Tuesday, November 13, 2018

Understanding Power 4 - The character falls

Nothing demonstrates a change in power more than a scene or a sequence of scenes where a character loses power in a big way. The boxer gets knocked out. The spy's identity is revealed. Boy loses girl.

Scenes and sequences that involve loss of power can be among the most memorable in a story. And, though they are often near the end, they may be earlier on.

In The Natural, near the beginning, Hobbs is at the top of his game when he gets shot.

In It's a Wonderful Life, George Bailey finally has the girl and a fistful of money for travel, and there's a run on the savings and loan.

One of my favorite examples is from Jerry Maguire. Jerry (played by Tom Cruise) believes his new concept in sports agenting will bring the profession to a new, more humane level. He is so convinced by his insight ("The answer was fewer clients. Caring for them, caring for ourselves, and the games too."), he writes up a new Mission Statement ("THE THINGS WE THINK AND DO NOT SAY"), prints it up in the middle of the night, and distributes it to everyone in his firm. Then he questions the wisdom of his actions, but it's too late to call the manuscript back. Still, it looks like success, like a high point. His peers applaud him. Then a hint: just for the audience:

AGENT # 1 How long you give him?
AGENT # 2 Mmmm.  A week.

More hints follow. Until he's fired. And he fights back. And loses with almost every client he has. And turns off the lights to his office. And keeps falling.

As I looked across these and other examples, I found some commonalities:

The protagonist is generally at a high point at the beginning. Full of power and confidence. (It's an illusion or an incomplete perspective.)

Then, there usually are hints of trouble that are not seen or are ignored. Those hints comes from the larger world in some way (experience, bigger network, larger concerns at play).

There often are opportunities to limit the damage, and the protagonist charges forward ignoring them. Often these headlong rush into disaster is driven by flaws or a distorted virtue (like overwrought duty).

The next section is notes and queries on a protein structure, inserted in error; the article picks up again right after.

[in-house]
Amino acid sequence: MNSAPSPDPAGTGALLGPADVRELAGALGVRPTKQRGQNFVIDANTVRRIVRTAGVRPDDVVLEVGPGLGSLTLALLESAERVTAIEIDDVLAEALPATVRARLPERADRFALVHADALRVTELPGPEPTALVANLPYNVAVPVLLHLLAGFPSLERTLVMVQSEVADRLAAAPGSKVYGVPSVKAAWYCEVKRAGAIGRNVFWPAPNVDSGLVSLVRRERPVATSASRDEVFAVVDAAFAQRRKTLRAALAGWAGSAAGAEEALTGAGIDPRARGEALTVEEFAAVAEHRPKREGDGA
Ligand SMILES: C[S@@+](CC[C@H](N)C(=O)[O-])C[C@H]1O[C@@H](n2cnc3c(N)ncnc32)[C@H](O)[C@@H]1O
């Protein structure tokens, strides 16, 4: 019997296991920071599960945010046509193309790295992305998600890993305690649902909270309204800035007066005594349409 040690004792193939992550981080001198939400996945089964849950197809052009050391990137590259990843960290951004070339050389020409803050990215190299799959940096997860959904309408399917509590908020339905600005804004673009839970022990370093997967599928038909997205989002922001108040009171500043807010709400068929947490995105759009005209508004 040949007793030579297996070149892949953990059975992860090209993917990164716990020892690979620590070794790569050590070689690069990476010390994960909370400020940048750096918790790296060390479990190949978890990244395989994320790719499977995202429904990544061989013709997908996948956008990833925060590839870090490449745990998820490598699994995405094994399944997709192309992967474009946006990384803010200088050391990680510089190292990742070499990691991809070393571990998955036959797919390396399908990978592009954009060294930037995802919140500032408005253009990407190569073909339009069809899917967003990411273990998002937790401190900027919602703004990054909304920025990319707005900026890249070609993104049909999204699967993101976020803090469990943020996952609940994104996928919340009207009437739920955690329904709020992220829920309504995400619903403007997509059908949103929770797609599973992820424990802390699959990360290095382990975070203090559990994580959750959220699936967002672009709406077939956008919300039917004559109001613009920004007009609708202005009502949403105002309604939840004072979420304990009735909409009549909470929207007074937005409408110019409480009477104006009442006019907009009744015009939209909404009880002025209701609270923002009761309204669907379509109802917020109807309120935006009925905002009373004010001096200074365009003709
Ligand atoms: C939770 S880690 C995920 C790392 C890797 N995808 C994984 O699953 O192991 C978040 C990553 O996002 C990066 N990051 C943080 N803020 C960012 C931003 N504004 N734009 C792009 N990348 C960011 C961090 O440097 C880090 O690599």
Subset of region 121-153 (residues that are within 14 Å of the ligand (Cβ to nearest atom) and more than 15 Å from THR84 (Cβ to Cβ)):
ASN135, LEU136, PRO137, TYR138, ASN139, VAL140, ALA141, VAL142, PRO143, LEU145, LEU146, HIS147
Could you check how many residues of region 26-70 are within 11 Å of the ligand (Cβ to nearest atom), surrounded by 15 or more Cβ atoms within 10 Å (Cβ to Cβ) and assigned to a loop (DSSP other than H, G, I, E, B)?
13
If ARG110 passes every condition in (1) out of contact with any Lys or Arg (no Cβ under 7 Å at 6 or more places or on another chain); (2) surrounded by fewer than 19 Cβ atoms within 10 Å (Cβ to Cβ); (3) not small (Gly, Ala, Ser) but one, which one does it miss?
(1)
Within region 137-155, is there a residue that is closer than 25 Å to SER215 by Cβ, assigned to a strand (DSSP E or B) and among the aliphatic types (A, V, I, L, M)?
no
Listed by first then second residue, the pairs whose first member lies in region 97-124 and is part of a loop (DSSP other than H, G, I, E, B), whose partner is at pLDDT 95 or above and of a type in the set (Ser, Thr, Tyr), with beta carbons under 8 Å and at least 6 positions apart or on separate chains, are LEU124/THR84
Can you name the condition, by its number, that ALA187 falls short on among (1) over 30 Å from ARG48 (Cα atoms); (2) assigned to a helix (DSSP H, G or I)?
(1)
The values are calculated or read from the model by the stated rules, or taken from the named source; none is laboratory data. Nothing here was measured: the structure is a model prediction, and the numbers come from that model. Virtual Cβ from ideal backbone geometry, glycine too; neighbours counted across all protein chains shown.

Finally, though it might be anticipated by the audience, the disaster blindsides the protagonist, and drags him or her down. The loss of power is great. The loss is unbearable.

Looking across, I often find what I call the Big Fish in Small Pond Syndrome. The protagonist sees his power relative to a very narrow worldview. The fall is connected to a larger world (or Pond) asserting itself.

Not every big loss of power scene follows this exactly, but it may be a useful template to use as you analyze a scene like this for your own work.

Here are a few questions that might be helpful, too:
  • What is the protagonist's obvious power?
  • Why does he lose it? (Bad reading of the land? Betrayal? Blinded by arrogance?)
  • How is that power lost? (Consider step by agonizing step in your scene or sequence. There should be at least three steps.)
  • Is the loss emotional for readers?
  • Is it convincing?
  • What is the power that matters to the story as a whole?
  • How quickly should this fall happen? (Is it more effective stretched out? Sped up?)
As I alluded to, there is usually a big power loss toward the end -- the black moment for the protagonist. Often, there is a gain as the happy ending is realized. In both cases, some of the ideas here might help you to improve the scene or sequence. And, since almost all scenes include some sort of power shift, you can use these ideas and questions as tools to figure out how to make scenes that aren't working (or are just weak) better.

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